Montanans are now seeing the real-life consequences of budget decisions made by the Republican legislators who make up the majority of our state Legislature.
Over the next year, 28 property assessment offices will be closing their doors in addition to the 19 public assistance offices that have already turned off their lights — impacting thousands of Montanans in rural areas of our state. As many as 14,000 health-care providers will have to reduce care for the mentally ill and disabled, some even shuttering their own doors. Services that Montanans rely upon have been reduced from almost every department of state government.
These cuts hurt our neighbors whose lives have been improved by these vital services. They hurt fellow Montanans who are in search of a job after years of service to our state. These are cuts that I never wanted to make — and they were avoidable.
At the start of the 2017 legislative session, I proposed a balanced budget that maintained the very services we see being cut today and ensured sufficient fund balance to manage our way through emergencies. But the legislative majority rejected my budget.
Throughout the session, I repeatedly warned Republican leaders that building a budget on false revenue projections would result in even deeper cuts to services. And it did.
In negotiations with legislative leaders leading up to and throughout the special session, I again proposed reasonable ways to balance our budget. But Republican leadership opposed any revenue increase, and in turn, I was forced to make these cuts. I was restricted by law to where I could make cuts, which is why they fall so hard on the backs of our most vulnerable Montanans. And rather than allowing these cuts to be reversed if additional revenue came into our state treasury, the Legislature chose to make the cuts permanent.
These cuts have real-life consequences, they are not just numbers on a balance sheet. Fortunately, there is a solution.
We need a budget that works for everyone and we need to have real discussions, neighbor to neighbor, about the on-the-ground impacts of these cuts and how we can rebuild a budget that protects Montana families and restores these services. We need to have real discussions about updating our tax system and addressing revenue shortfalls responsibly.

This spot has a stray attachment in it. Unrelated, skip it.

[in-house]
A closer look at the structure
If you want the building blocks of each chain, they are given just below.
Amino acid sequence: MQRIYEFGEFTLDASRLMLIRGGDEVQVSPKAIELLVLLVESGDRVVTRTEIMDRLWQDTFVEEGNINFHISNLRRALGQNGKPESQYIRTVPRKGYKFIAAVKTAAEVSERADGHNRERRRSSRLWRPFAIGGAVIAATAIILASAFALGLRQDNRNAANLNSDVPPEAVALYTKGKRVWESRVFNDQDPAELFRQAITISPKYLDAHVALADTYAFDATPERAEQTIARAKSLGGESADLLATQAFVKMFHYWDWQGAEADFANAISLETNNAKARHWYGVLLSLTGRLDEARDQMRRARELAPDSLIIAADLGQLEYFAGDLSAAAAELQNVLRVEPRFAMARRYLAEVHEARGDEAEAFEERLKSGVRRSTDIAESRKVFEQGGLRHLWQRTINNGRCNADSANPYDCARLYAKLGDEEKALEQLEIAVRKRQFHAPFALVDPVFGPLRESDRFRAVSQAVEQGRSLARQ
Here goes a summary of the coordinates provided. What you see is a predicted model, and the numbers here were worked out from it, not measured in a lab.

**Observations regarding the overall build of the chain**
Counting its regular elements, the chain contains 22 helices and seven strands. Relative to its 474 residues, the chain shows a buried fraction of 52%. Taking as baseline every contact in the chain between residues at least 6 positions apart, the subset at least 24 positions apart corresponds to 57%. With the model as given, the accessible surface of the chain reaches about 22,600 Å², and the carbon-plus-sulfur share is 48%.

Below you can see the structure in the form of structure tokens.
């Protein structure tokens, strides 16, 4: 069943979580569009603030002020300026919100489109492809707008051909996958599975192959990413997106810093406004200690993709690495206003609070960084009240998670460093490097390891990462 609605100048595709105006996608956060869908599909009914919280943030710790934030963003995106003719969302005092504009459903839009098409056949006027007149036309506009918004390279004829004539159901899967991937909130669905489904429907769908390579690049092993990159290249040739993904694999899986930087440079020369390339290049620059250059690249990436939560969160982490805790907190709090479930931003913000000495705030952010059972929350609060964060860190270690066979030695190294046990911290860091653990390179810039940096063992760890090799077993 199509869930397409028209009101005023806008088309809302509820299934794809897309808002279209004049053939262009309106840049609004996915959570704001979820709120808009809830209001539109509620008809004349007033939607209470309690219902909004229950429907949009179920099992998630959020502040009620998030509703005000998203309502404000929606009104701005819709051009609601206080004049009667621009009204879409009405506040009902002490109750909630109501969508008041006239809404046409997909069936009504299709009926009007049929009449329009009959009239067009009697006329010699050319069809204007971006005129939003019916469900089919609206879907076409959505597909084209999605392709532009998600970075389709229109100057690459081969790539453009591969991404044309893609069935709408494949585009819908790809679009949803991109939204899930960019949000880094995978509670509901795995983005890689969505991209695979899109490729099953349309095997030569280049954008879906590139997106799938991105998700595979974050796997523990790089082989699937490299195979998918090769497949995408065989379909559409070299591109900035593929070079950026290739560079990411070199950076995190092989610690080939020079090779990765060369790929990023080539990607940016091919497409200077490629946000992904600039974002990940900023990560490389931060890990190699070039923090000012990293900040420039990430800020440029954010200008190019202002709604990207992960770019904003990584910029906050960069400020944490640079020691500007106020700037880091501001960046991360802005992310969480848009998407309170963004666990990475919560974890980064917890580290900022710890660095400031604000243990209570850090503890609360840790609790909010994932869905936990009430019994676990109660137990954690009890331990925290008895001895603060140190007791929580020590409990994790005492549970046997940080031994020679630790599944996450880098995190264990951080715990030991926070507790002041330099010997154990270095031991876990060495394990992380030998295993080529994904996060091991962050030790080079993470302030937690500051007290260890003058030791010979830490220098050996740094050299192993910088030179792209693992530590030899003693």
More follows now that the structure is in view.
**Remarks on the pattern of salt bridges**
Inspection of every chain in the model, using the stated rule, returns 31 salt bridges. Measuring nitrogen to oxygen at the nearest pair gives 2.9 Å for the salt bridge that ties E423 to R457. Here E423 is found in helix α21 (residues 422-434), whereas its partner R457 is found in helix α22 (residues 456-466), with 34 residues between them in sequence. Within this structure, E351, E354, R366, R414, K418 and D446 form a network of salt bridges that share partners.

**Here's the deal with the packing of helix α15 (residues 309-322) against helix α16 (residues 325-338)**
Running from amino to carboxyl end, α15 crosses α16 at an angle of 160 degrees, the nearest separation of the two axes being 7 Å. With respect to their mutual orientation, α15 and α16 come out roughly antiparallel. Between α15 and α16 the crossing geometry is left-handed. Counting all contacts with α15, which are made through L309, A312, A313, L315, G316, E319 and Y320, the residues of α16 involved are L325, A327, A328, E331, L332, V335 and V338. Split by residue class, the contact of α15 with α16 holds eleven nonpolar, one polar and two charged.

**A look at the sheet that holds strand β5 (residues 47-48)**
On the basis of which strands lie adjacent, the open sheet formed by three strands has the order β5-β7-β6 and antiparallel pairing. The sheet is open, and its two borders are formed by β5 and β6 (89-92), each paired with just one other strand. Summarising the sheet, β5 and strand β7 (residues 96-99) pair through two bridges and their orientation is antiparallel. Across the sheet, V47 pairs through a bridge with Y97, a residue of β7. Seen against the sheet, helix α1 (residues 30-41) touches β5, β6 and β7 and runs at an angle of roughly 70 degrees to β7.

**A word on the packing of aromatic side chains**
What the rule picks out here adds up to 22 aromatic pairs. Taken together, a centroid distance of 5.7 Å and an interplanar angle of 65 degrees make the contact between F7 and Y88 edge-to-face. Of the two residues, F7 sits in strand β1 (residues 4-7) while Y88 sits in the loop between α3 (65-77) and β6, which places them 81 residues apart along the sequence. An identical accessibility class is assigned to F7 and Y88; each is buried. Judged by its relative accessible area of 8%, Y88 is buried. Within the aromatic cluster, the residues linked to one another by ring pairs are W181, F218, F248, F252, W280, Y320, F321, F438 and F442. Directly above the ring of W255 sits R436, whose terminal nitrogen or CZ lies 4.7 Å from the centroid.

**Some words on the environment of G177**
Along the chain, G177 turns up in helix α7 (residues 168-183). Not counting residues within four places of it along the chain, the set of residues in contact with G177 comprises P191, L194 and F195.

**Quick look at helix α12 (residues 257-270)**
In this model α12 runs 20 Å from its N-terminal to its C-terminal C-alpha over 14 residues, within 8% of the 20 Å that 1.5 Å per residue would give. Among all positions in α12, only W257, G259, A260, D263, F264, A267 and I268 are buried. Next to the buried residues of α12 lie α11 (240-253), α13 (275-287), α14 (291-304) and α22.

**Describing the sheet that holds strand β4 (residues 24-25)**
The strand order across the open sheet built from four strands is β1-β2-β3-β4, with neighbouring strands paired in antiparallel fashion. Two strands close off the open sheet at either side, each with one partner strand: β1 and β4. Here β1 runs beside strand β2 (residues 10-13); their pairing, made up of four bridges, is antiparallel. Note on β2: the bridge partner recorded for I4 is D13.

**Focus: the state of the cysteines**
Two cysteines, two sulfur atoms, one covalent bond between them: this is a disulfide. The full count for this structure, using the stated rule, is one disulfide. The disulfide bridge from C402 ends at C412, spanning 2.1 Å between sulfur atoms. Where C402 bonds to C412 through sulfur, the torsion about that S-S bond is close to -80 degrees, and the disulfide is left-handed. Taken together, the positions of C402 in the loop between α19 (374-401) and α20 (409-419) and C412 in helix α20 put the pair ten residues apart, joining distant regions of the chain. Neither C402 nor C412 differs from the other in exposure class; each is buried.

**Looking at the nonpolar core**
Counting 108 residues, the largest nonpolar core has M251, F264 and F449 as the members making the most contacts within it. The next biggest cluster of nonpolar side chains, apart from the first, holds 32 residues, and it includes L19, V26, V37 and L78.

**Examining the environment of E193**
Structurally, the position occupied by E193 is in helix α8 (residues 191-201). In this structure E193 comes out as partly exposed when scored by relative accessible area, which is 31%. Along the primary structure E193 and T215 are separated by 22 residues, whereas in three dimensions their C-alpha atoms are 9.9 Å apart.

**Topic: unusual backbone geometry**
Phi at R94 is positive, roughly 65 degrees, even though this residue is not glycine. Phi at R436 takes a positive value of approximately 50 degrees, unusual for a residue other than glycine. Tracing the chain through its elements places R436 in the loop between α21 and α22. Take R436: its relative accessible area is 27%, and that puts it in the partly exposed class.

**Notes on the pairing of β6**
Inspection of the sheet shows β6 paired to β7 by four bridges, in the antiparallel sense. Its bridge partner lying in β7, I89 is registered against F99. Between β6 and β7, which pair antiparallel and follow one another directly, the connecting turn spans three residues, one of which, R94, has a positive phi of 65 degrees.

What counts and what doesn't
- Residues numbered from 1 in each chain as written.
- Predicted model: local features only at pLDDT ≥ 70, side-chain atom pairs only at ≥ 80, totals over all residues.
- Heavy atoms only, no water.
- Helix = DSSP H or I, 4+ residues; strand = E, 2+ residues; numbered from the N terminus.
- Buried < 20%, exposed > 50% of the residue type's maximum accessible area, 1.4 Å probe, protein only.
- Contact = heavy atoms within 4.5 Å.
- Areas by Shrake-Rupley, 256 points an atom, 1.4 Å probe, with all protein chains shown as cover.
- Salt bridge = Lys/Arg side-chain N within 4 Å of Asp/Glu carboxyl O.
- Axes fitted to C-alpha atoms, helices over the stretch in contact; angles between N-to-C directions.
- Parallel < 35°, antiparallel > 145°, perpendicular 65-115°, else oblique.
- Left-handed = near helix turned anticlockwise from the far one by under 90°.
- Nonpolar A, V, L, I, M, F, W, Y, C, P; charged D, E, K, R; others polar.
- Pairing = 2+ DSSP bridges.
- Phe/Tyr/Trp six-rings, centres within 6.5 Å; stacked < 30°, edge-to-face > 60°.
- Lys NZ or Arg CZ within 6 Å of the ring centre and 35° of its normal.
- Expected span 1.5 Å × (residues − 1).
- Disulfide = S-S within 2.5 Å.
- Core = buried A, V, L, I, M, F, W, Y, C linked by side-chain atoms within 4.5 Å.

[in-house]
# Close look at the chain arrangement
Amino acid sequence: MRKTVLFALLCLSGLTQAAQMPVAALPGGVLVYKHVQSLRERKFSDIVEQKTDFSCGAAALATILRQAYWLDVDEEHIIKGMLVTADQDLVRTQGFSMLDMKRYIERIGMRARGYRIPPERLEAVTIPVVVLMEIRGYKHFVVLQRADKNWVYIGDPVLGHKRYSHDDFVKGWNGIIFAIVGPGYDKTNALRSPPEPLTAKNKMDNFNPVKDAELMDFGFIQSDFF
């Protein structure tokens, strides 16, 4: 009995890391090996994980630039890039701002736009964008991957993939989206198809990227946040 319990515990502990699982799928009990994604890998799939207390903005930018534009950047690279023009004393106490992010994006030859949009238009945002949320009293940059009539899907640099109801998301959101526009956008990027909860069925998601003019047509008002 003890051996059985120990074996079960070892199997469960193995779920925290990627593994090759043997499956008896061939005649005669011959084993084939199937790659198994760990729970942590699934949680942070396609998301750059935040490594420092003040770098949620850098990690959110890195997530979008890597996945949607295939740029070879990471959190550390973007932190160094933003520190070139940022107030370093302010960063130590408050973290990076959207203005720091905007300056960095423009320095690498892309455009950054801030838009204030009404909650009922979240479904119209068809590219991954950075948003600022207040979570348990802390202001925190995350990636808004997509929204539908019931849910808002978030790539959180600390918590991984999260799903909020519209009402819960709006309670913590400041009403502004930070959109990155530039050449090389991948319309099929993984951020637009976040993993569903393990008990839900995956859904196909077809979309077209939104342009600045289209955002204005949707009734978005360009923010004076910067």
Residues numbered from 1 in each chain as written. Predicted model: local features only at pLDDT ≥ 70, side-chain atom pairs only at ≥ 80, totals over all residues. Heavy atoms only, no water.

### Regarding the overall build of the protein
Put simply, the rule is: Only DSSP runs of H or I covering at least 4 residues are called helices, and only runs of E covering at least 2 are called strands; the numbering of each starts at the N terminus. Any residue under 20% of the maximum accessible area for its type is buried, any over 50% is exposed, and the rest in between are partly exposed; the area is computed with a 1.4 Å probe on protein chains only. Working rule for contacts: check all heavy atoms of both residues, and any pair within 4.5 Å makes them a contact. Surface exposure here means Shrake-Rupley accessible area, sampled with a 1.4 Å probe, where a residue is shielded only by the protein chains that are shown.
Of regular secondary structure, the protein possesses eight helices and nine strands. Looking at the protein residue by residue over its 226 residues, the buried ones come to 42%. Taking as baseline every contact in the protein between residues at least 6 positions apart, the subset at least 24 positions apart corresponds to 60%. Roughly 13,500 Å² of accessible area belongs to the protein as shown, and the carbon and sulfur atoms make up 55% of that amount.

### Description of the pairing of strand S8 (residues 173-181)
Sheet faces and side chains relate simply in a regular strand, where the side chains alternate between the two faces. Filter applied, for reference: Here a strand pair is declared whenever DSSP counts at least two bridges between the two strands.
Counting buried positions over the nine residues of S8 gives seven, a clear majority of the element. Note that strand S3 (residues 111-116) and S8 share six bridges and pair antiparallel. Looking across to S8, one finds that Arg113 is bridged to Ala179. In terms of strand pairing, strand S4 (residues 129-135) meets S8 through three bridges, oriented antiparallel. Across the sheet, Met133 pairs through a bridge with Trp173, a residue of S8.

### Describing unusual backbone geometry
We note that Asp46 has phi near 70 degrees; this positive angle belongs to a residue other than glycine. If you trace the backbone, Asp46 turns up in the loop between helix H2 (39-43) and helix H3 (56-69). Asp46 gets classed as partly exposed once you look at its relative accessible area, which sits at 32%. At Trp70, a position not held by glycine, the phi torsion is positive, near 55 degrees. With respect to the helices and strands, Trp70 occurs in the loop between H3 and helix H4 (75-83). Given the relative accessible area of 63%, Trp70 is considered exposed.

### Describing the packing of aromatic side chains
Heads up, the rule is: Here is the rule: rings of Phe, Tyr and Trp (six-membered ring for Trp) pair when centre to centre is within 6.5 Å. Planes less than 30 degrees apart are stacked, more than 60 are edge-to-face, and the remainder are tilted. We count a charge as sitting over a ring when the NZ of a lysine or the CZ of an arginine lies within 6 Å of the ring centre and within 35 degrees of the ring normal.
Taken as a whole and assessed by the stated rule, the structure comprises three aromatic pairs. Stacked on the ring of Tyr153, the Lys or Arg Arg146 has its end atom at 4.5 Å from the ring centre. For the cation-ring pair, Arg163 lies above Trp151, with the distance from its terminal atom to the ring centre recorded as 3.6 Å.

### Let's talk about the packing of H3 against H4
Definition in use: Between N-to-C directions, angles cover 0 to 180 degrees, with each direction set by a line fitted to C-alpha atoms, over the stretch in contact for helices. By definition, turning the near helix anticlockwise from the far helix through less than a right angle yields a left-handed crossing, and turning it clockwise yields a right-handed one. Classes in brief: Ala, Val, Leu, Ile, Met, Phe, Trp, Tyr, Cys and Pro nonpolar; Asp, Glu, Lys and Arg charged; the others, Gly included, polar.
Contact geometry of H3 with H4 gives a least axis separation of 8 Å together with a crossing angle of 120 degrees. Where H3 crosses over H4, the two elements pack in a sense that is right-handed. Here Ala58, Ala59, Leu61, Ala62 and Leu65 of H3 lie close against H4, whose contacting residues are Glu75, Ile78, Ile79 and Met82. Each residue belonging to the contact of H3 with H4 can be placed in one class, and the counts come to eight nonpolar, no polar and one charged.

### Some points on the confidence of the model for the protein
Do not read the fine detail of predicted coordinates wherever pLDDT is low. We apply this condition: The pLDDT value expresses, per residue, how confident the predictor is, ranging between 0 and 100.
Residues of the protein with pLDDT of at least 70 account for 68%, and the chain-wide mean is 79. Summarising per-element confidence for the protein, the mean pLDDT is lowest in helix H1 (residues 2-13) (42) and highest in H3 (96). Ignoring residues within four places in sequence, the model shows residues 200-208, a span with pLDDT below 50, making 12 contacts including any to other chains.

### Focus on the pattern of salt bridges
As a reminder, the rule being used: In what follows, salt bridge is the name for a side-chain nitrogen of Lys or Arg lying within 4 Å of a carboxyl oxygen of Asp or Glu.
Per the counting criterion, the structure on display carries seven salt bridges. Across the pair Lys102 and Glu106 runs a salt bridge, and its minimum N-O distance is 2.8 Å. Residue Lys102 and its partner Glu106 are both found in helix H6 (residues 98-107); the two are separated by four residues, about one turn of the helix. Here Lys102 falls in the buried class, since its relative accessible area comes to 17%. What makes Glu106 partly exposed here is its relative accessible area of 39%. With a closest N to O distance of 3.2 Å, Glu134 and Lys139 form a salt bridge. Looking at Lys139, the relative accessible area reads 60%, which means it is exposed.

I encourage every Montanan to contact their local state representatives to voice their concerns about the Legislature’s budgeting priorities. And if your local state representative doesn’t listen to your concerns or isn’t willing to answer these hard questions with us about our state’s future, I encourage you to vote for legislators who understand the needs of your community.
State government has the responsibility to protect its people, especially the most vulnerable among us. We need to elect folks to office who believe Montanans should have access to the services they need, that we should have programs that ensure opportunity, and who have the courage to stand up for the interests of Montana families.
Montanans care about having a good job and providing for their families. We care about quality schools to give our kids the best education to succeed. We care about keeping our communities safe. And we care about looking out for our neighbors who need a helping hand. We can have a budget that both invests in these values we share and protects essential services. But it requires a Legislature that believes in protecting the interests of all hardworking Montanans, rather than just the wealthy few or pledges made to out-of-state corporations and interest groups. If we don’t have thoughtful legislators willing to find solutions, even more essential services that benefit communities all across the state will be at risk.
Bullock, a Helena Democrat, is in his second term as Montana’s governor.